construct

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con·struct

(kon'strukt),
1. The combination of a bone graft, metal instrumentation, prosthetic devices, and/or bone cement applied to a specific level of the skeleton in the course of reconstructive or fracture surgery.
2. In psychiatry/psychology, a set of related ideas used to define, understand, and assess a given phenomenon.

con·struct

(konstrŭkt)
Combination of a bone graft, metal instrumentation, prosthetic devices, and/or bone cement applied to a specific level of the skeleton in the course of reconstructive, dental, or fracture surgery.
References in periodicals archive ?
The dearth of theoretical developments in the psychology of personal constructs perhaps reflects the comprehensiveness of Kelly's original vision.
The researchers state that in a future scenario, cartilage constructs could be clinically applied by using an MRI scan of a body part, such as the knee, as a blueprint for creating a matching construct.
From the desk of the editor: Defining and measuring constructs.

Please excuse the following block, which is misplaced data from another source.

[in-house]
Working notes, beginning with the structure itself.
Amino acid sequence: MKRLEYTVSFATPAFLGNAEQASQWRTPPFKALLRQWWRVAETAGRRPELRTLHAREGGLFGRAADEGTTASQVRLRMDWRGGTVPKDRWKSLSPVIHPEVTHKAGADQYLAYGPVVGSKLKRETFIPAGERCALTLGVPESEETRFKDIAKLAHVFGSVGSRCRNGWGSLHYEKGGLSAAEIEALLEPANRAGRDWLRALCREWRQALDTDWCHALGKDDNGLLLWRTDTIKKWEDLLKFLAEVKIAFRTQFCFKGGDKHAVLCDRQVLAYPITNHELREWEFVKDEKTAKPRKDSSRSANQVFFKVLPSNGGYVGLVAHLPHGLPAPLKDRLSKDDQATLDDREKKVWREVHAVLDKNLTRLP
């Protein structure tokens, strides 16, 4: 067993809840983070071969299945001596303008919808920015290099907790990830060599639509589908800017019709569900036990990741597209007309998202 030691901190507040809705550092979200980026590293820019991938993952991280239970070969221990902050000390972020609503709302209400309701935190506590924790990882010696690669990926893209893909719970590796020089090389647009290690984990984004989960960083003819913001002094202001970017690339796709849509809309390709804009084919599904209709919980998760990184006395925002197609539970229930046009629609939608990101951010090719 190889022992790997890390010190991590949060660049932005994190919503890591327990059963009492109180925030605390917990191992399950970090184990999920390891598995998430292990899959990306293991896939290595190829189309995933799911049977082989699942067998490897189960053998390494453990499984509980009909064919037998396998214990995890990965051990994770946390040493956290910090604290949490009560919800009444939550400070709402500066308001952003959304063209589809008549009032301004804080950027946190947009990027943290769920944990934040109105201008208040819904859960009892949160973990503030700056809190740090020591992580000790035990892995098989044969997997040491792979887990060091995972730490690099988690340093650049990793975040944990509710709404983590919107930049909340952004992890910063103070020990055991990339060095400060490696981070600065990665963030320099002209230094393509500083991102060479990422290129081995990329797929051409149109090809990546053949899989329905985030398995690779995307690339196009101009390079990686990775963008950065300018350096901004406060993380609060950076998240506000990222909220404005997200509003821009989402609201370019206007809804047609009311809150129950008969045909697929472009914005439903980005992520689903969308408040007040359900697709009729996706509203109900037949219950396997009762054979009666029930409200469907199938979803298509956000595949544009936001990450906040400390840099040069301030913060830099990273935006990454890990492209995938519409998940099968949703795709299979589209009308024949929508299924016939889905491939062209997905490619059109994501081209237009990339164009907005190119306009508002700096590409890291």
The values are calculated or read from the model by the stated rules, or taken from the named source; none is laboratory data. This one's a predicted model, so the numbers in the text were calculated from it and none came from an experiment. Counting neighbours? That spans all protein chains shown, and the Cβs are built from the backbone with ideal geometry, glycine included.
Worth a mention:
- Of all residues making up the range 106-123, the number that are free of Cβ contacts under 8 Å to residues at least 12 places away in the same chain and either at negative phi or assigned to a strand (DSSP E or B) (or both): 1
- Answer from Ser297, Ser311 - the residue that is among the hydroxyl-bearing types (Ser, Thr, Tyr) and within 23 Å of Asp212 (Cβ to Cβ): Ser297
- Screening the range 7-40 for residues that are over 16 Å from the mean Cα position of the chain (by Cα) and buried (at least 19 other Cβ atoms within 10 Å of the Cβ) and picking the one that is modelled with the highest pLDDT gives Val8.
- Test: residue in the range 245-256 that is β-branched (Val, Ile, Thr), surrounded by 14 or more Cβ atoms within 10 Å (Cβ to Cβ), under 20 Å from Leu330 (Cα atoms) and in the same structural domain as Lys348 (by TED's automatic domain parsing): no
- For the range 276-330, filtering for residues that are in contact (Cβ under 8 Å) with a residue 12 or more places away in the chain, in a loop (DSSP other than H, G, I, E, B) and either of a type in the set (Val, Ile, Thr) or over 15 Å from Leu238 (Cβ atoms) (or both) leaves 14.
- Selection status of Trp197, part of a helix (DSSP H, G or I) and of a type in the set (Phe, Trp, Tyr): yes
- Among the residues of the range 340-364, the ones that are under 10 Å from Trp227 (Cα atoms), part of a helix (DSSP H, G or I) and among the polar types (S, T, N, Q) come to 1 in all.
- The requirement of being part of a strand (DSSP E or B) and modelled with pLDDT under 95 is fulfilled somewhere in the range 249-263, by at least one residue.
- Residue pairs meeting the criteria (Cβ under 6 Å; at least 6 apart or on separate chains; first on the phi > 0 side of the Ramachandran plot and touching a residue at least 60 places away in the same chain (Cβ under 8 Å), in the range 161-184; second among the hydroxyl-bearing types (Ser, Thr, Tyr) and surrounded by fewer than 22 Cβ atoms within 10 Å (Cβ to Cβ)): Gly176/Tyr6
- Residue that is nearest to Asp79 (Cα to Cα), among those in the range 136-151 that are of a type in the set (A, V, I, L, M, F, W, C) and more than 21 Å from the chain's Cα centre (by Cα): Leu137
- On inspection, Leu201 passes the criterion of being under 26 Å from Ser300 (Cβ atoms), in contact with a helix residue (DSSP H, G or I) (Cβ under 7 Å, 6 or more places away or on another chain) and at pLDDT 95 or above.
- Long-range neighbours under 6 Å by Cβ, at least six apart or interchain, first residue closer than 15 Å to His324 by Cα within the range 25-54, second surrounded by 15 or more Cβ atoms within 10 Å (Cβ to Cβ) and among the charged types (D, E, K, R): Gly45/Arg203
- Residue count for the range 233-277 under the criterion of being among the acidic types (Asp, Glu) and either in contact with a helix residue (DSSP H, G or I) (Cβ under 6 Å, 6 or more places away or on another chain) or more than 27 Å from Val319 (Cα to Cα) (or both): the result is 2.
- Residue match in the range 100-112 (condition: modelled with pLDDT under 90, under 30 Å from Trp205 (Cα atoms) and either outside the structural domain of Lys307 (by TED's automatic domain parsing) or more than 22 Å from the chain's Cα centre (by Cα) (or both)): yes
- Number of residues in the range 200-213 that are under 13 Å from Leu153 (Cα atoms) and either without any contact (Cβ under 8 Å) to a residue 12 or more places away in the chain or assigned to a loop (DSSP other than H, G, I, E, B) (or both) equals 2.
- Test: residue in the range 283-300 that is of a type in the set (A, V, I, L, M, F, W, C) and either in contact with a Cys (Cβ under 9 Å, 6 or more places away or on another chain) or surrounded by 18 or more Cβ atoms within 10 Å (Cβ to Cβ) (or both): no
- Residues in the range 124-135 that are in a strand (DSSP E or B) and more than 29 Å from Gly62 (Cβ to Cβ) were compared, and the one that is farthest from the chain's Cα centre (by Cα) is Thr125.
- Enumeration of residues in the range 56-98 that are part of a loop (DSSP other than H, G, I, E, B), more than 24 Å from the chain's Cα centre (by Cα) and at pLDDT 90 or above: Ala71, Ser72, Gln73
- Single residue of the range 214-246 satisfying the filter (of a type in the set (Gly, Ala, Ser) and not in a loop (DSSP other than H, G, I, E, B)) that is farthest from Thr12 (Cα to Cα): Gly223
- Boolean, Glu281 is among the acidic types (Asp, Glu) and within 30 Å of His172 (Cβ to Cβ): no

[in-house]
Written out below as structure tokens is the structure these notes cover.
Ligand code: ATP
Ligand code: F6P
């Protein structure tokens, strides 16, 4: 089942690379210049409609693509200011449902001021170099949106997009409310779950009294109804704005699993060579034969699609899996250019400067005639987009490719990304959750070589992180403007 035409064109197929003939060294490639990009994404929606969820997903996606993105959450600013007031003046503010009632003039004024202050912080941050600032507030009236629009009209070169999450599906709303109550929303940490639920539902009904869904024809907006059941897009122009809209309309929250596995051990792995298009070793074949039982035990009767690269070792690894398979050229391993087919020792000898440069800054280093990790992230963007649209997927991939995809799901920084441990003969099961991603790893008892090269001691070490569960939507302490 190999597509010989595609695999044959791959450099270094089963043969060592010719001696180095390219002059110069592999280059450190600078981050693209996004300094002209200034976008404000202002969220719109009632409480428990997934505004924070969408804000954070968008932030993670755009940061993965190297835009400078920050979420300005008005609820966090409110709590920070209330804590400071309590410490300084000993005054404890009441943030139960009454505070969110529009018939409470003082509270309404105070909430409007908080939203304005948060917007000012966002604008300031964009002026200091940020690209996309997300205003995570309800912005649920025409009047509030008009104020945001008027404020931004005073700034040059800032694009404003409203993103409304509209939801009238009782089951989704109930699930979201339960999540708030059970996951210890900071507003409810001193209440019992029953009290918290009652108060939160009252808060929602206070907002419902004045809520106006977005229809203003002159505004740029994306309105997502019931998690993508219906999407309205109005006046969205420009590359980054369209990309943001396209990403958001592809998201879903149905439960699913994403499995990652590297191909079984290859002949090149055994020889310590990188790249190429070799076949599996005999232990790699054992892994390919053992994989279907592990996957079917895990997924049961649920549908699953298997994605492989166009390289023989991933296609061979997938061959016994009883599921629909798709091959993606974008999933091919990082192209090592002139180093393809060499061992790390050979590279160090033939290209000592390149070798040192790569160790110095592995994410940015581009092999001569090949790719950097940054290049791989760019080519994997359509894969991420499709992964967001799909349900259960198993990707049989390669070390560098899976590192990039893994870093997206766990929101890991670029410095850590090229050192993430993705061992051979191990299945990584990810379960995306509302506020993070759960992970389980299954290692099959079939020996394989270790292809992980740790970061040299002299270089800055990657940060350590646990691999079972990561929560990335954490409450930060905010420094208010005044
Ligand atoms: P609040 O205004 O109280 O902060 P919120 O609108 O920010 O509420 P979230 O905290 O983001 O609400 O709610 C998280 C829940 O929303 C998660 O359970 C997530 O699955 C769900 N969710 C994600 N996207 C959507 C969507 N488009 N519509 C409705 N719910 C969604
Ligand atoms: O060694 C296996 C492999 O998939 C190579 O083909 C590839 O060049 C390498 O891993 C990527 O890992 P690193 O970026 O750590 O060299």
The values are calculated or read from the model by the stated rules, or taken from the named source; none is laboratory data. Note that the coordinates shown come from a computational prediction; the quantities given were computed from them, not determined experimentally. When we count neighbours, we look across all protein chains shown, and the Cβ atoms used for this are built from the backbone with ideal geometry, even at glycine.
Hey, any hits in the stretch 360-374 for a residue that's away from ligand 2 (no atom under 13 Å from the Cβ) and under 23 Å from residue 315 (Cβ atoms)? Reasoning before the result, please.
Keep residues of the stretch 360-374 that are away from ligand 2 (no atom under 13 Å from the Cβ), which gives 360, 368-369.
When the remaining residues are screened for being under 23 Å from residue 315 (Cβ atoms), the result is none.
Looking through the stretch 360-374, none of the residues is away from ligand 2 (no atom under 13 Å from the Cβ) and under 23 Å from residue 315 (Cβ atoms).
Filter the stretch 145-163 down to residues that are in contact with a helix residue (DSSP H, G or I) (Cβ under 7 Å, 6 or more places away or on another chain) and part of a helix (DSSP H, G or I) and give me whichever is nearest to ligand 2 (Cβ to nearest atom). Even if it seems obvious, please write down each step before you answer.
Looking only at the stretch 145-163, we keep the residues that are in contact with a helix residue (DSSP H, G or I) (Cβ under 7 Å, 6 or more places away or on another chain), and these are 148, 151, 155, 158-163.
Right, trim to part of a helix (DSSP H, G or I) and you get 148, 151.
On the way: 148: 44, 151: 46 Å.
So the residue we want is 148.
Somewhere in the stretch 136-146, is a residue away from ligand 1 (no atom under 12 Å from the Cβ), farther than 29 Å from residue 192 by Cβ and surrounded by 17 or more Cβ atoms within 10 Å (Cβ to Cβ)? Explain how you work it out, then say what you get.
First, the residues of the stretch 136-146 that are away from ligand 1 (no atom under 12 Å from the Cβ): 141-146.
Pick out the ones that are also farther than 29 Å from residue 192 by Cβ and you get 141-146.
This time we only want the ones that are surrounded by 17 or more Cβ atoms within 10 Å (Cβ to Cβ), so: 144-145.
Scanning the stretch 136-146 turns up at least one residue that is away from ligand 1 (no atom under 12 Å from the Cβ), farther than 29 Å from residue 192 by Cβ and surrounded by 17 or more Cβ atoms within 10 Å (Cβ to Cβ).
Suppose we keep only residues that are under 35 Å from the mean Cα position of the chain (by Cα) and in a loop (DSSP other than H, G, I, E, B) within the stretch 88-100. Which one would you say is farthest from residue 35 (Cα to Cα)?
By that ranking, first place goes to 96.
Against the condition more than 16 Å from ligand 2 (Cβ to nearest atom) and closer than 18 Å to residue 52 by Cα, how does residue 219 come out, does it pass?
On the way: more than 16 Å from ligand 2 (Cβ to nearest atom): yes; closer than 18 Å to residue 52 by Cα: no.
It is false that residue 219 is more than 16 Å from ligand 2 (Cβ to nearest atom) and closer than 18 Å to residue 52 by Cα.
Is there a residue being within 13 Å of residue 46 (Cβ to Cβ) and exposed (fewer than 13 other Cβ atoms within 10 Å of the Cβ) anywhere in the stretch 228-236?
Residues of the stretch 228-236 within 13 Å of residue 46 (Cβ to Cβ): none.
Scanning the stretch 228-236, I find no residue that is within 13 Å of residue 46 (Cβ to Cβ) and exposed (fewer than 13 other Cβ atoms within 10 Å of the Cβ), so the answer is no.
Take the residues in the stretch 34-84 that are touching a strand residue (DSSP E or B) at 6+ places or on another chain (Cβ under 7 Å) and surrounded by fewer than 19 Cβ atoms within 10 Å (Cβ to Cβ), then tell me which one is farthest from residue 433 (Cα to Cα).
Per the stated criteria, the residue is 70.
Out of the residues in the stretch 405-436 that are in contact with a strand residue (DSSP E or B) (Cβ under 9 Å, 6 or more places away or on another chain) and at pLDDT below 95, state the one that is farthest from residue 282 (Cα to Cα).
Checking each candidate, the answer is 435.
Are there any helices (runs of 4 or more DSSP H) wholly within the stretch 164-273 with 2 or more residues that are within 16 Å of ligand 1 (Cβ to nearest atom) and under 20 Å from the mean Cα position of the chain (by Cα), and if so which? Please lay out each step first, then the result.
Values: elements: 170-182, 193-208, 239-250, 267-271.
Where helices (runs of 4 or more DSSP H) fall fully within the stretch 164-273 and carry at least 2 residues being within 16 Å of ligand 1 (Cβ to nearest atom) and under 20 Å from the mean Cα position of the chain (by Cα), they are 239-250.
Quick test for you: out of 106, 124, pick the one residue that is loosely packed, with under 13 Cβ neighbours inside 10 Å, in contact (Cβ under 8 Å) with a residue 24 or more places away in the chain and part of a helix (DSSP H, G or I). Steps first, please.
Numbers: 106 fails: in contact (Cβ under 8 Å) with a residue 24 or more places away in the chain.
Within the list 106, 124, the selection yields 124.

Mill's mental chemistry, Titchener's sensations, Woodworth's O, Kohler's isomorphism, and Hull's drives, to name but a few, are all constructs out of psychology's history.
Since multiple items were collected per construct, scale scores were created using a mean of the items for estimation of each construct.
Constructed constructs often arrive with similar documents; these are called instruction manuals.
Because of potential construction delays, the EAT in many cases may take longer than 180 days to construct the improvements.
As the activist Bernice Johnson Reagon firmly argues, "There is no chance that you can survive by staying inside," within "a space that is 'yours only' "; at the same time, however, she advocates using the space "while it lasts" to "act out community," "to construct within yourself and within your community who you would be if you were running society" (357-58) (9) Paradise goes one step further in presenting a community of women within a space that functions as a separatist nurturing space and, yet, is simultaneously in the process of construction.
We used the 5' regulatory region of the human CYP1A1 gene, an AhR-regulated gene, to construct two reporter plasmids, p1A1Luc and p1A1GFP, that express luciferase and GFP, respectively.
Another issue raised with many of the research efforts in the human service satisfaction area is that studies frequently utilize instruments which define and measure satisfaction as a single and complete construct (Danek, Parker & Szymanski, 1991; Lebow, 1982).
These groups live within social constructs that bind and circumscribe just as homosexuality is stigmatized by society.
The present article integrates social goal constructs into a single measurement instrument that addresses the constructs from past research.